Food | Food Issue 2019 | Hyde Park

Soul Shack, Baby Soul Shack

Hyde Park's new soul food spot serves up classics alongside newer dishes

If you stop to get lunch in Hyde Park, it’d be understandable to think Rico Nance owns just about every restaurant in the neighborhood. From the original LiteHouse Whole Food Grill at 55th Street and Hyde Park Boulevard, which opened in 2013, his family of restaurants has radiated outwards. In 2016, Mikkey’s Retro Grill popped up two blocks north on 53rd, with a second location opening in Avalon Park in 2018.

This year, Nance returned to Hyde Park, opening the Soul Shack at 53rd and Kenwood in March. (Appropriately, the restaurant sits on a stretch of Kenwood named Chaka Khan Way.) The April opening of its next-door neighbor, the vegetarian-focused Can’t Believe It’s Not Meat, brings Nance’s roster of restaurants to six.

The Soul Shack, however, has taken off like no other. When it opened in March, co-owner Keisha Rucker told the Defender that they served at least 300 people a day during their first week, while the Crusader reported that wait times peaked at three hours over the first two weeks of operation.

Things had calmed down a bit by the time I visited in late April, but the lunch crowd was still fairly sizable. The menu includes soul food favorites like chicken & waffles ($15) and smothered chicken ($16), as well as some newer dishes like the Soul Roll: yams, collards, and mac & cheese wrapped in a wheat flour skin and deep-fried, producing something like a Southern egg roll ($8–22, depending on the size).

I chose the grilled salmon ($18), which was flaky and flavorful, and also illustrates an interesting aspect of the restaurant. While salmon is on the menu, some traditional staples of soul seafood like shrimp and catfish are conspicuously absent. Rico Nance, the owner, is a Seventh-Day Adventist, a faith tradition that follows the ritual dietary restrictions set forth in the Book of Leviticus. This is also why Soul Shack, like Nance’s other restaurants, is closed to honor the Sabbath from sunset on Friday to sunset on Saturday.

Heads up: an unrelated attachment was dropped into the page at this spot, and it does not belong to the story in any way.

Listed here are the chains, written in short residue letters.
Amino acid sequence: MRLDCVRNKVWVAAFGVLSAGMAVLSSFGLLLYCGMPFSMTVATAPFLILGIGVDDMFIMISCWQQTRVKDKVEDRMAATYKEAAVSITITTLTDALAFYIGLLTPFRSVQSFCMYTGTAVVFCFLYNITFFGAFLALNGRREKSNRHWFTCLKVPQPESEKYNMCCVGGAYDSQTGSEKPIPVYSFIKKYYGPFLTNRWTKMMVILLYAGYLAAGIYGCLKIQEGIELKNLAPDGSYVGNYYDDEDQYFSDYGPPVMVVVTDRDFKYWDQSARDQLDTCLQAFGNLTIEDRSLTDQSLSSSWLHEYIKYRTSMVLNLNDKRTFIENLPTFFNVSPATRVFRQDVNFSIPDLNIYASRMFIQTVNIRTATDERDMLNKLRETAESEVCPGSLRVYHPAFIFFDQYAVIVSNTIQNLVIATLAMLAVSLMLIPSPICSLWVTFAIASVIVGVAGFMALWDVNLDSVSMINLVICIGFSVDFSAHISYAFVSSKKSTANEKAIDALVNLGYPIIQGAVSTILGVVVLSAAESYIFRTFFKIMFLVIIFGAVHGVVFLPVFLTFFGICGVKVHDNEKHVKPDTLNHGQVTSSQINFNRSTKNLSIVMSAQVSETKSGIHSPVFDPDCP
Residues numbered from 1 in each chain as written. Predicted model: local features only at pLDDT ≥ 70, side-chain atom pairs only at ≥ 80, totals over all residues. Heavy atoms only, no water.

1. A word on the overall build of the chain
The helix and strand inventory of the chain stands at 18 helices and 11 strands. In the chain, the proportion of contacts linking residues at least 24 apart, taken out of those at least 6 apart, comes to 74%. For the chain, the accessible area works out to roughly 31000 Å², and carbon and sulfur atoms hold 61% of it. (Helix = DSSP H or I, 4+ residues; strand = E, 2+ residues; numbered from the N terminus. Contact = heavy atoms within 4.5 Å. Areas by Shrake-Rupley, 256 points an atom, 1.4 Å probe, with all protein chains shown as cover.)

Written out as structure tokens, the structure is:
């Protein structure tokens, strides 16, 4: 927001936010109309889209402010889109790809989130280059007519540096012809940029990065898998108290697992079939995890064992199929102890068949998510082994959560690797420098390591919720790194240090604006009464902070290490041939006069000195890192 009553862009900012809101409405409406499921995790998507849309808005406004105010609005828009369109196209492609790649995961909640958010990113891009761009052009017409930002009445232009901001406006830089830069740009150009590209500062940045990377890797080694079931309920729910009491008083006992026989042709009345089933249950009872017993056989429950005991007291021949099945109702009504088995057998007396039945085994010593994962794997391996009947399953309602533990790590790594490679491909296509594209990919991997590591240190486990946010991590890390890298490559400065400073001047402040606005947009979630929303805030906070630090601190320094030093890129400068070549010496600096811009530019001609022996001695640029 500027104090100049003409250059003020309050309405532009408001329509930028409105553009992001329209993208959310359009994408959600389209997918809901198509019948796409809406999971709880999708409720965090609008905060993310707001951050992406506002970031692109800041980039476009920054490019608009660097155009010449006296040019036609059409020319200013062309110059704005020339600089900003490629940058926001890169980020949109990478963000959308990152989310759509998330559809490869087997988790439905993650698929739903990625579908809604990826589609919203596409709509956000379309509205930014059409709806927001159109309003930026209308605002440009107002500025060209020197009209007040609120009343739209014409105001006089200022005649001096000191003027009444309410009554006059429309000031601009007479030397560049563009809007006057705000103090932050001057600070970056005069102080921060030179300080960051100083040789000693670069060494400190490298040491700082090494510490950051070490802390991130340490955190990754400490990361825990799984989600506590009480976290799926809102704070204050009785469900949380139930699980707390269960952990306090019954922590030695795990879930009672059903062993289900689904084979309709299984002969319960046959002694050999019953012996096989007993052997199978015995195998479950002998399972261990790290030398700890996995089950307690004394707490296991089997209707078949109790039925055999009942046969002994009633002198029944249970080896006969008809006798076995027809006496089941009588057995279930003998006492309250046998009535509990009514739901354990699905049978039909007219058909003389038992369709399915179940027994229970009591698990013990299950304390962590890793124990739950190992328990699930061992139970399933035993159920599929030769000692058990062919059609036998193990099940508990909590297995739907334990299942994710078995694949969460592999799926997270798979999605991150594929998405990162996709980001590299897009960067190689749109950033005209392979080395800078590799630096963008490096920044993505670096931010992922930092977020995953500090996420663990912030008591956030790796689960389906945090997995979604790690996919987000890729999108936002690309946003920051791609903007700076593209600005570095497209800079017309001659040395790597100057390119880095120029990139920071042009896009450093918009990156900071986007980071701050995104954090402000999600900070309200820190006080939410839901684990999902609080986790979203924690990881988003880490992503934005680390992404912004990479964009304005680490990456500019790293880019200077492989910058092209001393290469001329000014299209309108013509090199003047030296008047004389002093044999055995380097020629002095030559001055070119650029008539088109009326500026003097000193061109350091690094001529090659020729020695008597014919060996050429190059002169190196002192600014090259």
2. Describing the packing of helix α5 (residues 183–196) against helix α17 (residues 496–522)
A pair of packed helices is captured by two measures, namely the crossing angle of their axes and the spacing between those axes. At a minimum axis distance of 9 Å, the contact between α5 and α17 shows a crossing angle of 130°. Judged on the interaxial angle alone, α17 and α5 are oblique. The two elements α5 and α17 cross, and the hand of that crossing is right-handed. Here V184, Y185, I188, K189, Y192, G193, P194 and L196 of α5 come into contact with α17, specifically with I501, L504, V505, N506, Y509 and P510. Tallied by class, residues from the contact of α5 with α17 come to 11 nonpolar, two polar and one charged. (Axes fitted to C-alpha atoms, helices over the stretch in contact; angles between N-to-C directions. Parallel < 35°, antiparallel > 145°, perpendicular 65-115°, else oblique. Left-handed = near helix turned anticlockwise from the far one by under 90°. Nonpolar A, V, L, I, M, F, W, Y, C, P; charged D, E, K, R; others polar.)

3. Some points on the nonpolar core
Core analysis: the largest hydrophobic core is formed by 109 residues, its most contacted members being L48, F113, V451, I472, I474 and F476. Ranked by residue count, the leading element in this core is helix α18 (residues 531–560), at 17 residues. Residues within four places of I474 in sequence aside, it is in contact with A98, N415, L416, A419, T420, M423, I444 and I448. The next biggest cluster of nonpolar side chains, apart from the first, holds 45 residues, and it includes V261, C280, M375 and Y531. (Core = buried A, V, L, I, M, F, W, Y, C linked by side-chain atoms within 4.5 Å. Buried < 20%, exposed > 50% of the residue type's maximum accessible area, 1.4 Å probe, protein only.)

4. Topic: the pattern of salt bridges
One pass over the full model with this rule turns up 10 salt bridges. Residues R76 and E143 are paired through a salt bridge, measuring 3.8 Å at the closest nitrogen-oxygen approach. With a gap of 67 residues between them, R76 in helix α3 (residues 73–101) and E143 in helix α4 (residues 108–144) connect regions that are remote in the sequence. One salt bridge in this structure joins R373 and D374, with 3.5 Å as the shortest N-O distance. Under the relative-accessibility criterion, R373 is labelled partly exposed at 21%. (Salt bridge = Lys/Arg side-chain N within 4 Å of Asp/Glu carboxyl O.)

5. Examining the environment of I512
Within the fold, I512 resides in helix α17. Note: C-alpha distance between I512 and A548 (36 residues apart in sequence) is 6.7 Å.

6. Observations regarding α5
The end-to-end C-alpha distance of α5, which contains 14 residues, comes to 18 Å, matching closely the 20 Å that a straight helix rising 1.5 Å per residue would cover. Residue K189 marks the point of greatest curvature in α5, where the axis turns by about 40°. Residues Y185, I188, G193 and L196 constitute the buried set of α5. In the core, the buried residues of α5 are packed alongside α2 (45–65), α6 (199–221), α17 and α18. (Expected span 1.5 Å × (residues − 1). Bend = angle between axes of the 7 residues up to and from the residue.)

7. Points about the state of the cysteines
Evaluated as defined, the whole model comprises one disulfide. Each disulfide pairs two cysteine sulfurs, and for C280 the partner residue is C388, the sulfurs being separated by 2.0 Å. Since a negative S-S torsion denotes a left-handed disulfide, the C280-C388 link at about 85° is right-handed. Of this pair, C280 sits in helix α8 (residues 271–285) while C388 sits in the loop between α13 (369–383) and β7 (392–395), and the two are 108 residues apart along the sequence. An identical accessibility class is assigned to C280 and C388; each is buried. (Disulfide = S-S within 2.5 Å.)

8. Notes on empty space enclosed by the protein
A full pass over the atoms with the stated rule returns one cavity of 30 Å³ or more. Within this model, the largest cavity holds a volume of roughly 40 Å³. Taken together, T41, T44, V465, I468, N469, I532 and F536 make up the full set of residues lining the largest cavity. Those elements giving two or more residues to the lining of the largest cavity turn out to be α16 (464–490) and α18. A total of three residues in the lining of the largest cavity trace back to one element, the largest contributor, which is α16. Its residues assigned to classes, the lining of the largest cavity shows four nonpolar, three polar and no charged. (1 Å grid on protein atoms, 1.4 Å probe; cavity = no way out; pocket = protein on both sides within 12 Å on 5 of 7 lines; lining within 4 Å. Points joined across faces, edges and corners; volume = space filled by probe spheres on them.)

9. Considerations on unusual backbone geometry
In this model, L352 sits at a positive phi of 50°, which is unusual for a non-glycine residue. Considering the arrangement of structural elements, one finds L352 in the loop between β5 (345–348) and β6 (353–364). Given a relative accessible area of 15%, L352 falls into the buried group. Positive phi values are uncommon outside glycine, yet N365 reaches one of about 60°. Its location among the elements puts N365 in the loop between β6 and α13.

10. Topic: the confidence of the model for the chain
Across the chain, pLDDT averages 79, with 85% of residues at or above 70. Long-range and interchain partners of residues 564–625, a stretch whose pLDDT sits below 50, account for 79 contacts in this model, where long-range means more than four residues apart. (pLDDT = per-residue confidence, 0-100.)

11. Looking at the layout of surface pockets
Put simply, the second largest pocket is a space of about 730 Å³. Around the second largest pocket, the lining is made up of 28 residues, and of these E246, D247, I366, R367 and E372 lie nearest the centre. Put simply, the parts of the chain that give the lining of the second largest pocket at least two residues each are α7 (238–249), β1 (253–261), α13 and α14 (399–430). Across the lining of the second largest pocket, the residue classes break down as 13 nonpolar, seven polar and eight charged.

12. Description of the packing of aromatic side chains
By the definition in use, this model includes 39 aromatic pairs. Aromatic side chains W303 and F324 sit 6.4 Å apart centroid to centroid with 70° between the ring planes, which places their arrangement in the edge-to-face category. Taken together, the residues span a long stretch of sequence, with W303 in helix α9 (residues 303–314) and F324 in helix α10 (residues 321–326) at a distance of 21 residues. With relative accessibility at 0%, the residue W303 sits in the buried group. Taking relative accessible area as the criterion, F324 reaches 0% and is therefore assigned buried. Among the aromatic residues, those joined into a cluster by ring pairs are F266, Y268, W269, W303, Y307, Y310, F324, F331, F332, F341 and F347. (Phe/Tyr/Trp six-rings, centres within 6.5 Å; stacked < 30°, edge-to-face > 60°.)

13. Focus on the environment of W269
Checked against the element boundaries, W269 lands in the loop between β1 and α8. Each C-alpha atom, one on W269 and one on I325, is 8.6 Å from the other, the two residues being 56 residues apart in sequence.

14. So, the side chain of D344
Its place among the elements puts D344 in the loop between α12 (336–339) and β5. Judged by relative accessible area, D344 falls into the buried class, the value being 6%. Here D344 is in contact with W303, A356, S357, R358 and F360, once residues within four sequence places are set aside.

Back to the food: each entrée comes with two sides, with options including green beans, corn bread, and other soul food mainstays. Prices range from fifteen dollars for the chicken & waffles up to forty-two dollars for the surf & turf (grilled salmon with lamb chops or short ribs), but most entrées fall in the fifteen to twenty-five dollar range. While these prices are a little higher than at Nance’s other restaurants, they are well in line with the norm for Hyde Park, which has seen a boom in moderate-to-pricey restaurants over the past few years, including restaurants like Virtue, Red Fish Bleu Fish, Nella Pizza e Pasta, and Mesler. The food is well-seasoned and the portions are decent, so you definitely get your money’s worth. (Sam Joyce)

Soul Shack, 1368 E. 53rd St. Sunday–Thursday, 11am–9pm; Friday 11am–5:30pm; Saturday 8pm–midnight. $15–42. (773) 891-0126. thesoul53.com

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Sam Joyce is a contributing editor at the Weekly and the director of fact-checking. He last wrote for the Weekly about how Chatham is at the center of Chicago’s urban flooding problem.

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